After food, water is the next most important thing. Keeping hydrated is a big deal out there, so we fill all the water coolers we own and bring extra water bottles for lunch.
Sunscreen is also a big deal. Oh, on the first day or two we think we’re tough enough to stand a little sunburn, but when we come home red as lobsters after seven hours in the sun, you can bet we slap the sunscreen on thick the next morning. Still, by the end of the first week or so, you can tell the difference between the rock-pickers in the family and the ones who stayed at home.
I'm not rock-picking this year, and you can definitely tell the difference between me and Skinny.
That tan comes from several seven-hour days in the field. That's a typical rock-picking day for us, and as long as there are still fields to pick and kids willing to do the work, the job goes on. We could be out there five days a week for four or five weeks. And because the farmers know how hard it can be to find someone willing to put in the hours and do the job, they're willing to pay us really well.

Like I said, it's a great money-making opportunity.

It’s also incredibly boring.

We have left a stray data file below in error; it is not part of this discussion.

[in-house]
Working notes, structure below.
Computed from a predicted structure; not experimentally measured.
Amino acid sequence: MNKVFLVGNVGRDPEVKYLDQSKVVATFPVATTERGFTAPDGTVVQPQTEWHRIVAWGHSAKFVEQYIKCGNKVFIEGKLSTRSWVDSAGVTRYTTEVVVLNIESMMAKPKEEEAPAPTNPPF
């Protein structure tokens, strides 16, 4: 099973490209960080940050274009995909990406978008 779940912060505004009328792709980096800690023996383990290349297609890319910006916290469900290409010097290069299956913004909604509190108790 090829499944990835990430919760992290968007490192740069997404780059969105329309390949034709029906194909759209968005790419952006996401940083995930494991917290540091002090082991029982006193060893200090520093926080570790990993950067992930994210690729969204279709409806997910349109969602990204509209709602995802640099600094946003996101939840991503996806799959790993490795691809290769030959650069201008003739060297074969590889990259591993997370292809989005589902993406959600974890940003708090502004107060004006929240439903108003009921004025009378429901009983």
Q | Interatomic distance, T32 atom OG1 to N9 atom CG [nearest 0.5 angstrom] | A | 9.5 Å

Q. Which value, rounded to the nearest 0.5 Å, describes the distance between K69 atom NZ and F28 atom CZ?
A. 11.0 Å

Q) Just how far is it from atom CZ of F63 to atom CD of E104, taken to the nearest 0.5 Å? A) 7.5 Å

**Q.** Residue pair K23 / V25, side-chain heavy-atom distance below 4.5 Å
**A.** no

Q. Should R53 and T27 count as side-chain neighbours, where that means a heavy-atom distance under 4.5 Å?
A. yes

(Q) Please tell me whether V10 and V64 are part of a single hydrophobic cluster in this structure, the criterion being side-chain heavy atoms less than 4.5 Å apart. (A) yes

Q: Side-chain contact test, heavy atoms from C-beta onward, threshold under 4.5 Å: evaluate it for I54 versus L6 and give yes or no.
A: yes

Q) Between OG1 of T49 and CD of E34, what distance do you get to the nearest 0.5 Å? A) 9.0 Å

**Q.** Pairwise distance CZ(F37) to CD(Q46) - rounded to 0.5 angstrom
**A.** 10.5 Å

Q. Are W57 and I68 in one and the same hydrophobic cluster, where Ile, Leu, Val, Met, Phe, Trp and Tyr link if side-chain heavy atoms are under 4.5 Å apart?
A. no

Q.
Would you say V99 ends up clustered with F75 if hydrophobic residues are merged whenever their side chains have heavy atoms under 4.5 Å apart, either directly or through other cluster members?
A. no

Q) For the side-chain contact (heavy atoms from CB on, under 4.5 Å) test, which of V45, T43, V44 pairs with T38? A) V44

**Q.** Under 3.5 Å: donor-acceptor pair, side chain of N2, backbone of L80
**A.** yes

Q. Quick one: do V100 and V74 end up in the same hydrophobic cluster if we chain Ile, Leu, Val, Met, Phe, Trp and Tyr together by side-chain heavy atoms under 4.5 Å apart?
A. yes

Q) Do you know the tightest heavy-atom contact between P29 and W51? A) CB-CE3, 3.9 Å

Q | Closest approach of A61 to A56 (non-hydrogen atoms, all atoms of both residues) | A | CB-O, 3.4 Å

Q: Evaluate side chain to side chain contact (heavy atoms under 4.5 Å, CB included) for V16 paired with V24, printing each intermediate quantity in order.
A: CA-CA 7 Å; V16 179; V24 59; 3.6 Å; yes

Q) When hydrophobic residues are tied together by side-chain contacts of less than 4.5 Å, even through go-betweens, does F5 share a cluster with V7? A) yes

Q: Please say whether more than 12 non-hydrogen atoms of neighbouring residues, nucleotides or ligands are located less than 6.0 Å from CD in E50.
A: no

I picked rock for three years, and I still cringe whenever someone brings it up. I used to hate it so much, not just because working in the sun and wind and dirt isn't my ideal environment.
There's nothing to do while you're out there but watch the corn go by and count rocks. You can only talk to your rock-picking partner for so long, and singing loses it's appeal pretty quickly as well. The hours drag on and on—after one o'clock, we'll have exhausted all our options and want nothing more than to pack it up and go home right then and there.

All my siblings share my distaste for rock-picking and the boredom that goes with it, so during rock-picking season we’re unusually attentive to the weather forecast and especially for rain. If it's rainy or if the fields are wet, we don't have to go to work. These breaks are wonderful after a couple days of rock-picking. You'll probably never find a bunch of kinds more excited for rain during the months of May and June than us.

Still money is money, and it’s kept us coming back for five years, even though rock-picking isn’t anyone’s favorite job. I mean, how many other ways can a twelve-year-old make two hundred dollars in two weeks? All things considered, it’s a pretty sweet deal.

Sunday, May 22, 2016

Lawn mowing an all day, whole family job

We’ve been mowing the lawn for two weeks now, and it’s getting just a little ridiculous.

I feel I should point out that this is highly unusual for us, but even under normal circumstances mowing the lawn is an all day job.

We’ve got about 4 acres to mow on a semi-weekly basis. Even with a lot of people capable of running mowers (and a number of mowers to choose from) it still takes time to get the whole job done.